Uganda's economic growth will rebound to 6.2% in 2013, according to the World Bank January 2013 global economic forecast, putting projections at par with those made by other major institutions like the International Monetary Fund.
The GDP growth projected at 6.2% explains the average growth of investment, government expenditure and the difference between export and income. This is also the total sum of all the economic activities in the country for that period.
Sporadic aid cuts that had signalled a reduction in government spending had by the end of 2012 brought forecasts down to under 5%, but a major improvement in the general economic environment could see growth bouncing back to the pre-meltdown average of about 7%.
In East Africa, Tanzania and Rwanda are projected to have the strongest growth at 6.8% and 7.5% respectively. Kenya and Burundi will post the slowest growth at 4.9% and 4.3% respectively. But Uganda will have some of the strongest rebounds, bouncing back from 3.4% in the 2011/2012 to 6.2%, largely with credit to the private sector beginning to rise while inflation has been brought under control.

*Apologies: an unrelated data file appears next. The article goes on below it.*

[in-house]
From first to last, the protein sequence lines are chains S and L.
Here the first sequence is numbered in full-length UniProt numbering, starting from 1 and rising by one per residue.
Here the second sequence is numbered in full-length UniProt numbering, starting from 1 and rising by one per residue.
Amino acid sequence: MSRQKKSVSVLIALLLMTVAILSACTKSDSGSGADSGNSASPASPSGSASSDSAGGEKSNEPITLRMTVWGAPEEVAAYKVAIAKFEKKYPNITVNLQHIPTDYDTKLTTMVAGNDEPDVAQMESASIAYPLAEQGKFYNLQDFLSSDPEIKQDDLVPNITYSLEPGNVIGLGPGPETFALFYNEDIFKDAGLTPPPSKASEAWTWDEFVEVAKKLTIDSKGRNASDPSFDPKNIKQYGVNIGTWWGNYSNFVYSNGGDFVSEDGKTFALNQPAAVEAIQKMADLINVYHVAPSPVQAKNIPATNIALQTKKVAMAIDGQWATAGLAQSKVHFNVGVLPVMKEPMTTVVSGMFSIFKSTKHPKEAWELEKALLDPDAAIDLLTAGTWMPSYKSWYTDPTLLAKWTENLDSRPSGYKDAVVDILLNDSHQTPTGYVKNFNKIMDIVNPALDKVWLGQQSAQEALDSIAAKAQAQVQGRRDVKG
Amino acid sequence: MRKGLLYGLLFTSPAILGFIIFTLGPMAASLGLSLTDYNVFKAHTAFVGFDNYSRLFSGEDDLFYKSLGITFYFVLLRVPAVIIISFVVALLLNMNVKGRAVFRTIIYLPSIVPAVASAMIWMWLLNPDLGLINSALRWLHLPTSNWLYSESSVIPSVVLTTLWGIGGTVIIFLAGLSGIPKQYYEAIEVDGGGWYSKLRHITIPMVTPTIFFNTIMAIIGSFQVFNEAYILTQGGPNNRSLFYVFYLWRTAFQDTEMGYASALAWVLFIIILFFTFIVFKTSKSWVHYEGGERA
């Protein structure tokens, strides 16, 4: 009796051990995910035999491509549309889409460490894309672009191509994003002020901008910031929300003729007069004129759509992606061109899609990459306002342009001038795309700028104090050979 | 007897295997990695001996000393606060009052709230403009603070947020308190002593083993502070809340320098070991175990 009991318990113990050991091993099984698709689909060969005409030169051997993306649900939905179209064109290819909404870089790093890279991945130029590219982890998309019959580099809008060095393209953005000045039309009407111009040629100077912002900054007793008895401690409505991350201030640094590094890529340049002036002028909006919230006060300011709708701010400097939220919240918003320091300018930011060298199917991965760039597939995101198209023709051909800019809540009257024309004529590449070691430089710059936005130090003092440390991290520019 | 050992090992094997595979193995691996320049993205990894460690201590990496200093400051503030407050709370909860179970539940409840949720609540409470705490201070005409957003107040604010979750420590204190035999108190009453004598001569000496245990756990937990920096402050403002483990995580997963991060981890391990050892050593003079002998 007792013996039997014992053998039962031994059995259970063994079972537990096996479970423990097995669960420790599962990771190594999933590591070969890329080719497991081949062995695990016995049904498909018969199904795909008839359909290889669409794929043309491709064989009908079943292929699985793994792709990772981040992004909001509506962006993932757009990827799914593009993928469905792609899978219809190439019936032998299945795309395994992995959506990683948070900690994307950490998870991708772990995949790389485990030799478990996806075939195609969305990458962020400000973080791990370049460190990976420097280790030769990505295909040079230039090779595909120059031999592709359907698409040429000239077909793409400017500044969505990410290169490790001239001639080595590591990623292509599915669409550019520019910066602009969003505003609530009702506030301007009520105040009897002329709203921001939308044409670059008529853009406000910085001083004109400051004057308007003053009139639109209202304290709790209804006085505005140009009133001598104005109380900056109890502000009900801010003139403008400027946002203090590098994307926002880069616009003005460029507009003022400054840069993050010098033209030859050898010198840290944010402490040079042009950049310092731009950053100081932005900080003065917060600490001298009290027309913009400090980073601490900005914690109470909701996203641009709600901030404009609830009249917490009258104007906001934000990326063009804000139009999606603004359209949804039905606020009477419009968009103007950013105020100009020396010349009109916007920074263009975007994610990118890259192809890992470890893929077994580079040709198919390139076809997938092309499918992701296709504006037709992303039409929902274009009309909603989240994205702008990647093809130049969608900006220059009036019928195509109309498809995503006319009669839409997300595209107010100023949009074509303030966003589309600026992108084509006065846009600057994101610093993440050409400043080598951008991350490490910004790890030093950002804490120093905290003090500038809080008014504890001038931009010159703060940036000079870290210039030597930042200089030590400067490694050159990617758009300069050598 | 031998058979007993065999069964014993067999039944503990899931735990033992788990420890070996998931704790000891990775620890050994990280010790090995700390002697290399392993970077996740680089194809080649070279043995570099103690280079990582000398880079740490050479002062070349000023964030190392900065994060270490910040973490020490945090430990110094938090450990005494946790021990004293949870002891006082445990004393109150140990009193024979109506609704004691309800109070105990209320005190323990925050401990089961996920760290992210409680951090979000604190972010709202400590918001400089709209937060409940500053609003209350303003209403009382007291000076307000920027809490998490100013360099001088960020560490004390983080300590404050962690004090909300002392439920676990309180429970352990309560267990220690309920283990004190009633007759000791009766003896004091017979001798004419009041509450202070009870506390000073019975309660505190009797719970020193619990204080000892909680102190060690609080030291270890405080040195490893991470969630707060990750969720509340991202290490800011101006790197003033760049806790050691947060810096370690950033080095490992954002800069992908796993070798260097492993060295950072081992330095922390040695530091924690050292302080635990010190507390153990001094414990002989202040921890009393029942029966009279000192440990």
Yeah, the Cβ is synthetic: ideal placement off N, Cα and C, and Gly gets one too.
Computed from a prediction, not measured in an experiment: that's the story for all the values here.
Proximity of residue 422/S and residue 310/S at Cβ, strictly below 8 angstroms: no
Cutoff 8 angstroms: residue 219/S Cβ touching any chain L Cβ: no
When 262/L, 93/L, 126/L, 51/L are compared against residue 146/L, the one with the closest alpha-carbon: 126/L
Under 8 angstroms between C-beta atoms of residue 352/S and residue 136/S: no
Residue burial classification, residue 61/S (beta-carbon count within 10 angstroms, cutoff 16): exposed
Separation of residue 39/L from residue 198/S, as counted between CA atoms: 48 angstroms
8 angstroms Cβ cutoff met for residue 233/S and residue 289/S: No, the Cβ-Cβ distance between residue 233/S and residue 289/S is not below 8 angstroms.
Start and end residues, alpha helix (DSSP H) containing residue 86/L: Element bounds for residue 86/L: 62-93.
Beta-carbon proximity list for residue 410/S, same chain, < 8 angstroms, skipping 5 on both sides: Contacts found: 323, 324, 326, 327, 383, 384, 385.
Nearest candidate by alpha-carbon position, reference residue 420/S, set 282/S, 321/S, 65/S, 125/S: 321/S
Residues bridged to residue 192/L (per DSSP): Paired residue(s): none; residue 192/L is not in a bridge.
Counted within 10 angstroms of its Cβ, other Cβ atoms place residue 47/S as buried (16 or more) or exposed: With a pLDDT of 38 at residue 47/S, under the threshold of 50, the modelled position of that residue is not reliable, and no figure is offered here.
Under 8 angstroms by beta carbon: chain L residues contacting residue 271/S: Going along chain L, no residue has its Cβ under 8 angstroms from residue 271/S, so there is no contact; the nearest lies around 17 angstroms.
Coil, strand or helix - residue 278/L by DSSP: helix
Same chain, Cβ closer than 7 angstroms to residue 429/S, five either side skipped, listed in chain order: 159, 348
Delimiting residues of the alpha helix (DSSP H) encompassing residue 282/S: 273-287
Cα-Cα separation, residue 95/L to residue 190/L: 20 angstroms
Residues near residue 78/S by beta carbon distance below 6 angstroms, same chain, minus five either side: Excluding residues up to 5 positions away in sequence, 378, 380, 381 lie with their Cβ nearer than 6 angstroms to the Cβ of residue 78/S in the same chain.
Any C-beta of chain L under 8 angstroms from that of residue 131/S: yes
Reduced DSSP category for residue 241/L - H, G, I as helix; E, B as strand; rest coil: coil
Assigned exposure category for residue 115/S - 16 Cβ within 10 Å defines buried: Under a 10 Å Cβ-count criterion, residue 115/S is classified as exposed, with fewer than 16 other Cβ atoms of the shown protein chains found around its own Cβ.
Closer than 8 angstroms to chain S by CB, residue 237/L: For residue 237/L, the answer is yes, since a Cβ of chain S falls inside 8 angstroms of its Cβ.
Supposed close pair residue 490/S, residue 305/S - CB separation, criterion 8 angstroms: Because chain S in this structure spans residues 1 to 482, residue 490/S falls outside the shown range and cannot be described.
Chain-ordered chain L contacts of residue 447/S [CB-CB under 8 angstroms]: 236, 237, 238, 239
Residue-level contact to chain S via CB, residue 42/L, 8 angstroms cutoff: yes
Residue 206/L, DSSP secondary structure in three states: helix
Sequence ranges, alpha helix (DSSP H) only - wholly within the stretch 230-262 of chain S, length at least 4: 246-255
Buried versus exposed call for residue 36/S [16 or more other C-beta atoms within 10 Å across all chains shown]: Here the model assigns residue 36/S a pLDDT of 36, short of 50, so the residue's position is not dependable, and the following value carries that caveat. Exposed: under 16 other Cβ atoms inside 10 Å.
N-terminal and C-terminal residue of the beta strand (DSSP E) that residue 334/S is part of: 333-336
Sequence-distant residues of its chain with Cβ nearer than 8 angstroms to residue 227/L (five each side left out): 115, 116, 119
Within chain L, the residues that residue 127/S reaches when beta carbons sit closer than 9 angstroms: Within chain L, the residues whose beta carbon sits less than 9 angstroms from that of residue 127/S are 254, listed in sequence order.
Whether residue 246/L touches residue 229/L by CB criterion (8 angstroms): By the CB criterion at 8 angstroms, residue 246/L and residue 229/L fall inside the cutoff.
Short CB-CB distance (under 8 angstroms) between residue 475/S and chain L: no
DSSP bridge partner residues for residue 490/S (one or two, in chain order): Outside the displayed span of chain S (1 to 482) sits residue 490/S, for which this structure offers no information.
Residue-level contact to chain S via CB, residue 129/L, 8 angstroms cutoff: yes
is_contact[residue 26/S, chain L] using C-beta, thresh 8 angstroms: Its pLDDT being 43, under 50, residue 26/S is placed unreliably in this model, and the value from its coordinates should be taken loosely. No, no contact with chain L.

Inflation has dropped from 30% in October 2011 to 5.5%, boosted by earlier monetary policy tightening in Kenya and Uganda. Overall, interest rates and the currency battering continue to be affected by a heavily importing economy that has a smaller export base.
For sub-Sahara, the World Bank says the ongoing increase in export volumes from several countries that have discovered mineral deposits in recent years including Ghana, Kenya, Mozambique, Niger, Sierra Leone, Tanzania and Uganda should boost growth prospects.
The sub-Saharan region, according to the bank, is projected to grow at its pre-crisis average rate of 5% over the 2013-15 period (4.9% in 2013, gradually strengthening to 5.2% in 2015). Excluding South Africa, the region's growth will average 6% over the 2013-15 period.
"GDP growth in sub-Saharan Africa remained robust at 4.6% in 2012, notwithstanding the slowdown in the global economy," Excluding the region's largest and most globally integrated economy, South Africa, GDP growth in the region was strong at 5.8% in 2012, with a third of countries in the region growing by at least 6%," said the World Bank in a post over the weekend.
Robust domestic demand, steady remittance flows, still high commodity prices and increased export volumes (thanks to increased investment flows to the natural resource sector in recent years) were supportive of the region's growth in 2012.